Water and Womanhood: Religious Meanings of Rivers in Maharashtra

Front Cover
Oxford University Press, 1995 - Literary Criticism - 250 pages
Rivers in India are commonly associated with certain worldly religious values: wealth, beauty, long life, good health, food, love, and the birth of children. However, these "domestic" values have been relatively neglected by Indologists, who have tended to view India and Hinduism through the prism of poverty, misery, asceticism, and themes of purity or pollution. Following recent scholarship by arguing that the earthly pursuits are equally vital to an understanding of popular Hinduism, Feldhaus examines the role of these ideals in the religious meanings of rivers in Maharashtra, a large region of western India. Drawing both on written religious texts and on a wide range of oral, iconographic, and ritual materials gathered in the course of field work in India, she shows that these values, which are usually associated with women or represented by goddesses, are an important motif in popular religious practices and oral traditions associated with the rivers of Maharashtra, and she presents the many different ways in which rivers are imagined, enshrined, worshipped, and feared.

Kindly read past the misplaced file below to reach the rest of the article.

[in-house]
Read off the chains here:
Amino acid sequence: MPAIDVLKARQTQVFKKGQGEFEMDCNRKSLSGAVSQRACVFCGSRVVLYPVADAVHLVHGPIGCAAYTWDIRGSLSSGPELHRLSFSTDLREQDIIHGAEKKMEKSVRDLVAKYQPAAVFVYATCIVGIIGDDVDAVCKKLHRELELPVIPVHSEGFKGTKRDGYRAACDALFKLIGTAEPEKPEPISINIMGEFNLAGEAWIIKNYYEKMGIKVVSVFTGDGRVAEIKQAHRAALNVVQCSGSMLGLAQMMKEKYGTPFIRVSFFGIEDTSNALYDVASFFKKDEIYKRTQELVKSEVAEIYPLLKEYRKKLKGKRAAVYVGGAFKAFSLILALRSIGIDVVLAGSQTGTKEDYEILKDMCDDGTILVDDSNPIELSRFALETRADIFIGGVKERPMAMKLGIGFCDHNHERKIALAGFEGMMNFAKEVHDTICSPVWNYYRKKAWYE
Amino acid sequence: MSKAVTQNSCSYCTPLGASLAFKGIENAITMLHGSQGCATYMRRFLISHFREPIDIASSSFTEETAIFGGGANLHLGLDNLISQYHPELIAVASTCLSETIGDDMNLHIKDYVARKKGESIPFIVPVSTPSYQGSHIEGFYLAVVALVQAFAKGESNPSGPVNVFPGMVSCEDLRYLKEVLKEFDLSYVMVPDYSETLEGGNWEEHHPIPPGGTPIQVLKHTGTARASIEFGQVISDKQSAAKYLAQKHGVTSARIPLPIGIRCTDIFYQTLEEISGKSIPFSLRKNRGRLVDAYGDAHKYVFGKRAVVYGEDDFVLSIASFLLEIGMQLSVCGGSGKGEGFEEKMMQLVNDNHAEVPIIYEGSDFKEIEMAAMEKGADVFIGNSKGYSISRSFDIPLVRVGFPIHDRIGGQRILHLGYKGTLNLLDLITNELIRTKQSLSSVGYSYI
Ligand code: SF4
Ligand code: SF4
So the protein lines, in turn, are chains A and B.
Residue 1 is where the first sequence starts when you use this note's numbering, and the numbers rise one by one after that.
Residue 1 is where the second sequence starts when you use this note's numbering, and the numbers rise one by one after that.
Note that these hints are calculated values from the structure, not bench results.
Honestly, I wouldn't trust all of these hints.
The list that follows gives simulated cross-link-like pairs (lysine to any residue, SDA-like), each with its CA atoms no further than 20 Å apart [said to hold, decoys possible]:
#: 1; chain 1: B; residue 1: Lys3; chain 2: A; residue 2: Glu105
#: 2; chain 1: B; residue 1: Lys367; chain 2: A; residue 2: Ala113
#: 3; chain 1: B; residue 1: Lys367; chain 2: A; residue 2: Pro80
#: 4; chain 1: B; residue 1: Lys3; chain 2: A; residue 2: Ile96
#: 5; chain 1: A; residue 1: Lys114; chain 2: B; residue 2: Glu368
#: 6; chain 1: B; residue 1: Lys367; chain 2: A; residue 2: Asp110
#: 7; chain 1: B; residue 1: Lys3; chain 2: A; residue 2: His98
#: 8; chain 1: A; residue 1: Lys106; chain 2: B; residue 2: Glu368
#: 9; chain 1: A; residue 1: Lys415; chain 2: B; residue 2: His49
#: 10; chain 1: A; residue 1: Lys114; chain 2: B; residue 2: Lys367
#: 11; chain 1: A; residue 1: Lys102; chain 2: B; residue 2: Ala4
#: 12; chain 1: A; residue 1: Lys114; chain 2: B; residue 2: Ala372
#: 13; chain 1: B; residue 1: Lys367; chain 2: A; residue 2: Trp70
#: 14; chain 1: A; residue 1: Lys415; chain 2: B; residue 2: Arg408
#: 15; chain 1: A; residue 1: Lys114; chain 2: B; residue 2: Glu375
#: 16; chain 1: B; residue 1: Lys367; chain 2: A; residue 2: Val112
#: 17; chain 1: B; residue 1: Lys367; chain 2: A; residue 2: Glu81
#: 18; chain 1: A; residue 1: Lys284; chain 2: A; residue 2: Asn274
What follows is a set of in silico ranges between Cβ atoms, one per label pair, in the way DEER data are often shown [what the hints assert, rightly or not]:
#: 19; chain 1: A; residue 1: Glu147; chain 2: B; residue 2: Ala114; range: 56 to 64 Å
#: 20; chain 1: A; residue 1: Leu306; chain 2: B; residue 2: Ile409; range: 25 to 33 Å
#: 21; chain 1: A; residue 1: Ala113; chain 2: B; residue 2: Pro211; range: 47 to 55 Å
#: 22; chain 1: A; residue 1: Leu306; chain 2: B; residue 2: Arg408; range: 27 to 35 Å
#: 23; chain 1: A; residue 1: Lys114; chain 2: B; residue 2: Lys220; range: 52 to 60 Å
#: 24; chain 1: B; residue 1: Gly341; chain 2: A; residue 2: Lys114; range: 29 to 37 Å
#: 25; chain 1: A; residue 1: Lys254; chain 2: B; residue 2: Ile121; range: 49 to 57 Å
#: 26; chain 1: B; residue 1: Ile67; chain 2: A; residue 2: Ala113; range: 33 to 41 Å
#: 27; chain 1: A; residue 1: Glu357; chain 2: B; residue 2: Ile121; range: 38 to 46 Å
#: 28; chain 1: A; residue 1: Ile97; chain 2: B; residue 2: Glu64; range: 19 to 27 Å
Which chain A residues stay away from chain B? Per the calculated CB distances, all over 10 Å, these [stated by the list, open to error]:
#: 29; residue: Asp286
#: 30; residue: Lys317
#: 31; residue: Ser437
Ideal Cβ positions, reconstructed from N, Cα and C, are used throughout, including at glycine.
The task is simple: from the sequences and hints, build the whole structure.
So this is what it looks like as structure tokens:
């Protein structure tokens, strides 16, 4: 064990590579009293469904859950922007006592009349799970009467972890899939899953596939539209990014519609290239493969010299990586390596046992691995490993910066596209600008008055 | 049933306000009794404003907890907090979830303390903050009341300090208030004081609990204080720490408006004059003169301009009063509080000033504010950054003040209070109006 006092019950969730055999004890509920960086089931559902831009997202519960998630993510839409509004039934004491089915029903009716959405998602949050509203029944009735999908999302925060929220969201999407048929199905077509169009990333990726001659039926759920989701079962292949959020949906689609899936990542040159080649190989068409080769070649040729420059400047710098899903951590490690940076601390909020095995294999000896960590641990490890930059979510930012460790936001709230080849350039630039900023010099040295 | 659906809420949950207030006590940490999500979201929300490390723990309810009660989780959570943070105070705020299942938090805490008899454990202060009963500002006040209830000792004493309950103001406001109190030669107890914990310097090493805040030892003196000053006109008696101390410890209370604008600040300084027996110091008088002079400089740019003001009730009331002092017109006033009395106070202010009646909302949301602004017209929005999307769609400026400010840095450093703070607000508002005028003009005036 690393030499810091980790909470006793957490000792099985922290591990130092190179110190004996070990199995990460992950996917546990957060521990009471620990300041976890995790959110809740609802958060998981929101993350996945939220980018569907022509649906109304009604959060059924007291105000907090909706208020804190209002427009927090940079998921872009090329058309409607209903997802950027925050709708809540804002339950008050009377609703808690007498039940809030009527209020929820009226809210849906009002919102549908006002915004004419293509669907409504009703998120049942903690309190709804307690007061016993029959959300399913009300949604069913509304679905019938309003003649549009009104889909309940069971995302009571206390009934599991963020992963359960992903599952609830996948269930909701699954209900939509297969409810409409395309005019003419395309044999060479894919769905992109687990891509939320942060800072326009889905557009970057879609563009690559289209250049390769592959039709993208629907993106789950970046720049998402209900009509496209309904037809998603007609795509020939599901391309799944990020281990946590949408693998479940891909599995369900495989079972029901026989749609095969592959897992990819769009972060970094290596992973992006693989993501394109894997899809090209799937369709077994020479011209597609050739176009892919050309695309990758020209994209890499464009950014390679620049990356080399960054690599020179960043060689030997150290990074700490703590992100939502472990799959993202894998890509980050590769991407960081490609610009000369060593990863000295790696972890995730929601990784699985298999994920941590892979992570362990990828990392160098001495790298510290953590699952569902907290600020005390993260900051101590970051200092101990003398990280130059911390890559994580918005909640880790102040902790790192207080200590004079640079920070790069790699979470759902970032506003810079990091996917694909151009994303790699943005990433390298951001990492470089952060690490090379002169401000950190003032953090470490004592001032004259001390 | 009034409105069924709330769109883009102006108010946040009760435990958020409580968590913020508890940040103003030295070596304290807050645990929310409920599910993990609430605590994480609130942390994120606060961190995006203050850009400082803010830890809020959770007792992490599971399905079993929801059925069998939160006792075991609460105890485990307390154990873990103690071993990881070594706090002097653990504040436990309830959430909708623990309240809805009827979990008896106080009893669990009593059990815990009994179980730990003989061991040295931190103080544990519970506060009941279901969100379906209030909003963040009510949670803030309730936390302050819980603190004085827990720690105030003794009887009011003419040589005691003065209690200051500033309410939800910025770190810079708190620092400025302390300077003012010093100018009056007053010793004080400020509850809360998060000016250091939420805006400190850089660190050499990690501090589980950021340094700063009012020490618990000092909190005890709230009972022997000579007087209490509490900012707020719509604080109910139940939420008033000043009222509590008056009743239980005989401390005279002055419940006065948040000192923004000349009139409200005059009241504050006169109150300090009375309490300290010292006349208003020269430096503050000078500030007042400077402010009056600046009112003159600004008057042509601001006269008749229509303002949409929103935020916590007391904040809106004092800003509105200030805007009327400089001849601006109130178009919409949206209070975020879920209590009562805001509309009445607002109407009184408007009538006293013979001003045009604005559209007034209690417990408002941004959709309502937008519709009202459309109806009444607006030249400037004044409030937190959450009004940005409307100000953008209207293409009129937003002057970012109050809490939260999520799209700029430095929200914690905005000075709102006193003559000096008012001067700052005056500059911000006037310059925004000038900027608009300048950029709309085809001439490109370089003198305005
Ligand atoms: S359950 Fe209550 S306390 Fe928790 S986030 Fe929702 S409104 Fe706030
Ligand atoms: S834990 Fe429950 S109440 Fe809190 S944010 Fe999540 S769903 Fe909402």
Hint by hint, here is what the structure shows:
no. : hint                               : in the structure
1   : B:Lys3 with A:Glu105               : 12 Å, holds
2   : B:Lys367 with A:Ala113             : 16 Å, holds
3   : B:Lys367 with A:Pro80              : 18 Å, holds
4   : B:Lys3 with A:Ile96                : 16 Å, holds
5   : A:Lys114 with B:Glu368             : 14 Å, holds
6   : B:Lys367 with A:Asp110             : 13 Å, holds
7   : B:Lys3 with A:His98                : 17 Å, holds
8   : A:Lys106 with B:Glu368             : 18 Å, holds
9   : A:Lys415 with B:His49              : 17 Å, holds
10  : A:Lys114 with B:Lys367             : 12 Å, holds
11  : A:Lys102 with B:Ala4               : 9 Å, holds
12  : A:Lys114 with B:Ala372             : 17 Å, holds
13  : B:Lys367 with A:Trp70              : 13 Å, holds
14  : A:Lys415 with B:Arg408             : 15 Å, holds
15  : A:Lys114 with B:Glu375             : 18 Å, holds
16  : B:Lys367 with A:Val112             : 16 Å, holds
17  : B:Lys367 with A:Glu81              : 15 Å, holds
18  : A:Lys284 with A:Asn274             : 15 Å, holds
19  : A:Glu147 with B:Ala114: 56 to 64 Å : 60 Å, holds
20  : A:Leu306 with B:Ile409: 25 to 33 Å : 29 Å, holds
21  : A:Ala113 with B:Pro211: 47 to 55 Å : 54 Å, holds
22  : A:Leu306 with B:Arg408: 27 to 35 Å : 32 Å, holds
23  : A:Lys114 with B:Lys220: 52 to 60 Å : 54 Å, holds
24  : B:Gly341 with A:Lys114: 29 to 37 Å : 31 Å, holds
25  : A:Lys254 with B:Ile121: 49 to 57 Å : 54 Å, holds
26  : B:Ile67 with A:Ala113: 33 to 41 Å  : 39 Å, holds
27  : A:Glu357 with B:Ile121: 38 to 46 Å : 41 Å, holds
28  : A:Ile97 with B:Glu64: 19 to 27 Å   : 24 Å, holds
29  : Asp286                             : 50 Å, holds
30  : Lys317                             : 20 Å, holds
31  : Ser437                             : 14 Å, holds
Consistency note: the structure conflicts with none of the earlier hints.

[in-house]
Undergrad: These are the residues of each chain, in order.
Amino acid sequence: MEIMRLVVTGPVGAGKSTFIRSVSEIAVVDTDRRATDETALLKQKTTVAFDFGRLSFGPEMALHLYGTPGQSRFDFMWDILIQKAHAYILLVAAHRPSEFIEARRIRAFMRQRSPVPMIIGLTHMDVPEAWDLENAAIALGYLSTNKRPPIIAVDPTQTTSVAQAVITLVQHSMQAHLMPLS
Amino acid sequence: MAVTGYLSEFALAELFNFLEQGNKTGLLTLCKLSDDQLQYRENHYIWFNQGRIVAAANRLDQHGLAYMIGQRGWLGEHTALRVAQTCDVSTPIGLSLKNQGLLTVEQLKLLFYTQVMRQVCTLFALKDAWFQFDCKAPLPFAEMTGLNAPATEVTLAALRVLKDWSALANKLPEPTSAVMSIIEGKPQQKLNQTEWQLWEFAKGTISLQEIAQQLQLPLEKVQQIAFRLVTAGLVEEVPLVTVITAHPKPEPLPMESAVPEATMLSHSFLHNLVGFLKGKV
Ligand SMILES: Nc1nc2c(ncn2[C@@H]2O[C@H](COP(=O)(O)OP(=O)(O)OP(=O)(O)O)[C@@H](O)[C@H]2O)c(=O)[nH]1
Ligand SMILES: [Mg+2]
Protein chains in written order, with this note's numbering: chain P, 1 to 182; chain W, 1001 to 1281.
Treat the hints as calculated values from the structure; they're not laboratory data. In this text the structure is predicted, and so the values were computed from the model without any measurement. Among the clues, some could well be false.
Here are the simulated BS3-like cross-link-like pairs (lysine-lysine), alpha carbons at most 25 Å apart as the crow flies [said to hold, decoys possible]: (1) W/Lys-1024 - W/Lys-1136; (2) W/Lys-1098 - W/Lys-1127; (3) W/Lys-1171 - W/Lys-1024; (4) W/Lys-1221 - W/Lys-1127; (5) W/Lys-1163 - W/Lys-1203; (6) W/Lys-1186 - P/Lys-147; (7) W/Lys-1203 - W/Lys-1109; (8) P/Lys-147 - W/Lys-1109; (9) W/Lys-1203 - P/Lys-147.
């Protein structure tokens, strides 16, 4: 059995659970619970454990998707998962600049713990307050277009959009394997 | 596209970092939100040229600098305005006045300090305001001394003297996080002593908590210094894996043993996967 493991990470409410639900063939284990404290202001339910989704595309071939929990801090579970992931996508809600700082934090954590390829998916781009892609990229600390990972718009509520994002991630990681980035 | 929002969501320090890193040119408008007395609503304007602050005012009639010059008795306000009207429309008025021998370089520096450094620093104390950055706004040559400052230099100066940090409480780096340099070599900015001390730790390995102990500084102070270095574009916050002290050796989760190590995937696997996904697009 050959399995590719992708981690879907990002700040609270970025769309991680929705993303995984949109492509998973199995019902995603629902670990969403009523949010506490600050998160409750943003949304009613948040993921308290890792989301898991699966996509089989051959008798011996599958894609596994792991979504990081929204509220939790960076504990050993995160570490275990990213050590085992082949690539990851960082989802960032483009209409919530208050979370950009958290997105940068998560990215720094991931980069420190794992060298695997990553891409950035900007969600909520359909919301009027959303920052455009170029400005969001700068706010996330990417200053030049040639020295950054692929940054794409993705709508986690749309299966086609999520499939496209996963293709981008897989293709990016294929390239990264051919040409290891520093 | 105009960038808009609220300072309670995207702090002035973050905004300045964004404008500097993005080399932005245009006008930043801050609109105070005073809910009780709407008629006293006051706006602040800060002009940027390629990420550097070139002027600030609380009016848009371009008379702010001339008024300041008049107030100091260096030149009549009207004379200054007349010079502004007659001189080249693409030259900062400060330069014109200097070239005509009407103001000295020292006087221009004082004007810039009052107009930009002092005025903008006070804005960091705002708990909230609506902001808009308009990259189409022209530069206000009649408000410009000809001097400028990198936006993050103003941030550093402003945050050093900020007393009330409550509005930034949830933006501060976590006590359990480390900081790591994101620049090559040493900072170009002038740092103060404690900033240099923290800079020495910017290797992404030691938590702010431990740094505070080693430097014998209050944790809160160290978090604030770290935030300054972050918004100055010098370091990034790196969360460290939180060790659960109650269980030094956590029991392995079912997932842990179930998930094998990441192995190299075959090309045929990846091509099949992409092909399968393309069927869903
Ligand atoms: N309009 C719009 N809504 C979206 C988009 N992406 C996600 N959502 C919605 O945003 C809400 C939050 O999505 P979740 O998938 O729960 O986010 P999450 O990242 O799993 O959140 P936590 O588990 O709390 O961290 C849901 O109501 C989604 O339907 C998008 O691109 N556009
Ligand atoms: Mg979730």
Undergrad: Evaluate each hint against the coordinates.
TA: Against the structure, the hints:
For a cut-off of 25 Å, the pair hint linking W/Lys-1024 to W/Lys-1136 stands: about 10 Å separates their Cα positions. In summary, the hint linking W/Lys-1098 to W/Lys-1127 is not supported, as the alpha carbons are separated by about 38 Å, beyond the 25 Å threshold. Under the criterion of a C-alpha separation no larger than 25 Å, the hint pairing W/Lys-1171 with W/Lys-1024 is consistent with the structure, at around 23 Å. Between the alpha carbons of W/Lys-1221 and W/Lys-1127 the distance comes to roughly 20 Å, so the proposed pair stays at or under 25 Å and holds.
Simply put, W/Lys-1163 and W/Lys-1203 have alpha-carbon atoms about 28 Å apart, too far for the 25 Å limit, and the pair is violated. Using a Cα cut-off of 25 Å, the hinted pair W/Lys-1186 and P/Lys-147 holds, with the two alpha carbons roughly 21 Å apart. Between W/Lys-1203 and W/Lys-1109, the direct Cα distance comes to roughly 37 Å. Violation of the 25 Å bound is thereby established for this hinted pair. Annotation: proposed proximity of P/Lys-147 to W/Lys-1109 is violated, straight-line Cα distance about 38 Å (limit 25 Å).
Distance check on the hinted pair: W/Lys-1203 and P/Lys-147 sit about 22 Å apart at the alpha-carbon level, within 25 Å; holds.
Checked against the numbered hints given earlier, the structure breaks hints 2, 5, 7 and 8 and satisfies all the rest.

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About the author (1995)

Anne Feldhaus is at Arizona State University.

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